Eeg-behavioral dissociation after morphine- and cyclazocine-like drugs in the dog: further evidence for two opiate receptors

W. B. Pickworth, L. G. Sharpe

Research output: Contribution to journalArticlepeer-review

46 Scopus citations


Previous studies have suggested the presence of multiple opioid receptors. In the chronic spinal dog, the μ receptor was postulated to mediate behavioral indifference, whereas the k receptor was associated with sedation. The effects of morphine, a μ agonist, were compared with those of Win 35,197-2 (ethylketocyclazocine) and ketocyclazocine, k agonists, in the unrestrained intact dog. Intravenous administration of morphine (0.5 1.0 and 2.0 mg/kg), Win 35,197-2 (0.05 0.1 and 0.2 mg/kg), and ketocyclazocine (1.6 mg/kg) caused similar dissociation of the EEG and behavior. The dissociation was characterized by high voltage delta EEG synchrony primarily in the parietal cortex which accompanied ataxia and catalepsy in nonsleeping postures. Morphine increased total sleep and slow wave sleep, and lowered temperature and heart and respiratory rates. The k agonists did not increase total sleep but increased temperature and heart and respiratory rates. Vomiting occurred more often after morphine than after the k agonists. In certain instances, the effects of morphine were completely antagonized by a low dose of naloxone (30μg/kg), whereas 33 times the dose (1 mg/kg) was required to antagonize the effects of Win 35,197-2. The disparate effects of the μ and k opioid agonists on behavior, sleep and the EEG and their differences in sensitivity to naloxone antagonism extend and support the concept of multiple opiate receptors in the brain. It was concluded, however, that the sedative effects of the opioids are mediated at the μ receptor.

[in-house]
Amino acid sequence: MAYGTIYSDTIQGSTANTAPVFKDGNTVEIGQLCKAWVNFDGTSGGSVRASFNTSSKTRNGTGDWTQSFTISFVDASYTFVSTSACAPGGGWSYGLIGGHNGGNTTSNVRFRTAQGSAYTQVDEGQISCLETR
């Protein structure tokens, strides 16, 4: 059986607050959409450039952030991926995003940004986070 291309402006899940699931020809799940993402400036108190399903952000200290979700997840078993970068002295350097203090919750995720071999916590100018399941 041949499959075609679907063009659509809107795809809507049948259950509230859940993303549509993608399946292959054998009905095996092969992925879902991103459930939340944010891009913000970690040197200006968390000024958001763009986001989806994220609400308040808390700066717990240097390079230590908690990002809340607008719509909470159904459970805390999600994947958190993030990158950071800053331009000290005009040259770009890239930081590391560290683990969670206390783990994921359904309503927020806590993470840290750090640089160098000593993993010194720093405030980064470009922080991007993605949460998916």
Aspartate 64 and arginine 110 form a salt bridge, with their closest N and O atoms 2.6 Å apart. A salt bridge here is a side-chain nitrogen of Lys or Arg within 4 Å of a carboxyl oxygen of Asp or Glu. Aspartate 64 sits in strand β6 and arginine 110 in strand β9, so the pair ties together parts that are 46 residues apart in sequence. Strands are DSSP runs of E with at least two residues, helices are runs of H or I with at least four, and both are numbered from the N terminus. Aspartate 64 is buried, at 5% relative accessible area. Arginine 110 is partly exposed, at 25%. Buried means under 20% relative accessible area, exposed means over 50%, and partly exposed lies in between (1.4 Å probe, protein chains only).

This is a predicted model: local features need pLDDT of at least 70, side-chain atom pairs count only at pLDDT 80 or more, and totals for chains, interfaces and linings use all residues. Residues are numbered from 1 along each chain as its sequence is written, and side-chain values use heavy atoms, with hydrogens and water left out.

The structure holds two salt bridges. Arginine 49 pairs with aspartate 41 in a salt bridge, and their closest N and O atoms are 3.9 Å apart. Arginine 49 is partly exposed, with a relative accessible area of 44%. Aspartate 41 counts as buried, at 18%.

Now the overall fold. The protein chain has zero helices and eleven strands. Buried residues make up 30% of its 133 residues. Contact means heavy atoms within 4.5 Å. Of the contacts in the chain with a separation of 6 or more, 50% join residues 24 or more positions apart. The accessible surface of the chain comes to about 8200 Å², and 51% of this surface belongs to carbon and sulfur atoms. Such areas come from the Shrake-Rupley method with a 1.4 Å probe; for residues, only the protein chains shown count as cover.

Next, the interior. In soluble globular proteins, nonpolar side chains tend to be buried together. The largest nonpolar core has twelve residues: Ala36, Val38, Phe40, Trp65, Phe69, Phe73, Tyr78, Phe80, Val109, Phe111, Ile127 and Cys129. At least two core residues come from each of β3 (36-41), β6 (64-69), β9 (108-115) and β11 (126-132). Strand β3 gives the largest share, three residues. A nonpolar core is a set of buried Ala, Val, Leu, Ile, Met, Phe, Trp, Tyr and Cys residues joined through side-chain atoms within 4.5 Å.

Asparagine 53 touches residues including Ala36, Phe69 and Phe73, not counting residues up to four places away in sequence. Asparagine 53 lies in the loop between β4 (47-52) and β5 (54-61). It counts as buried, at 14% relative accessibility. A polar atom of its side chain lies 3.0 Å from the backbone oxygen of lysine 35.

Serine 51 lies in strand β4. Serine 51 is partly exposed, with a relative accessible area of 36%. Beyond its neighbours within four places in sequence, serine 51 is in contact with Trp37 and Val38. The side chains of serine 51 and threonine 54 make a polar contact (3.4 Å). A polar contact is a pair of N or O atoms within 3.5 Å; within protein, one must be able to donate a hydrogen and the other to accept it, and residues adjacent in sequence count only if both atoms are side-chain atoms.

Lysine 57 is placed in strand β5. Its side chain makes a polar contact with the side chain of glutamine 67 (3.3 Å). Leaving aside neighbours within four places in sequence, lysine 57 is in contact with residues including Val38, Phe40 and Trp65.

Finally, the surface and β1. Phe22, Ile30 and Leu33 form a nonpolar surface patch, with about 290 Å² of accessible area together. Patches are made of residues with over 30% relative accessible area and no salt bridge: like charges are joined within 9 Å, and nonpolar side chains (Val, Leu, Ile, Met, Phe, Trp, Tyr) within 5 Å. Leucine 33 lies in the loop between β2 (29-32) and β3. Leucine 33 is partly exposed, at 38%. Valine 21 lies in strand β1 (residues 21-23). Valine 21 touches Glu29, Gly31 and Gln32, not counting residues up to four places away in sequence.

Original languageEnglish (US)
Pages (from-to)617-622
Number of pages6
Issue number7
StatePublished - Jul 1979
Externally publishedYes


  • EEG
  • behavior
  • benzomorphans
  • morphine
  • opioid receptors
  • sleep

ASJC Scopus subject areas

  • Pharmacology
  • Cellular and Molecular Neuroscience


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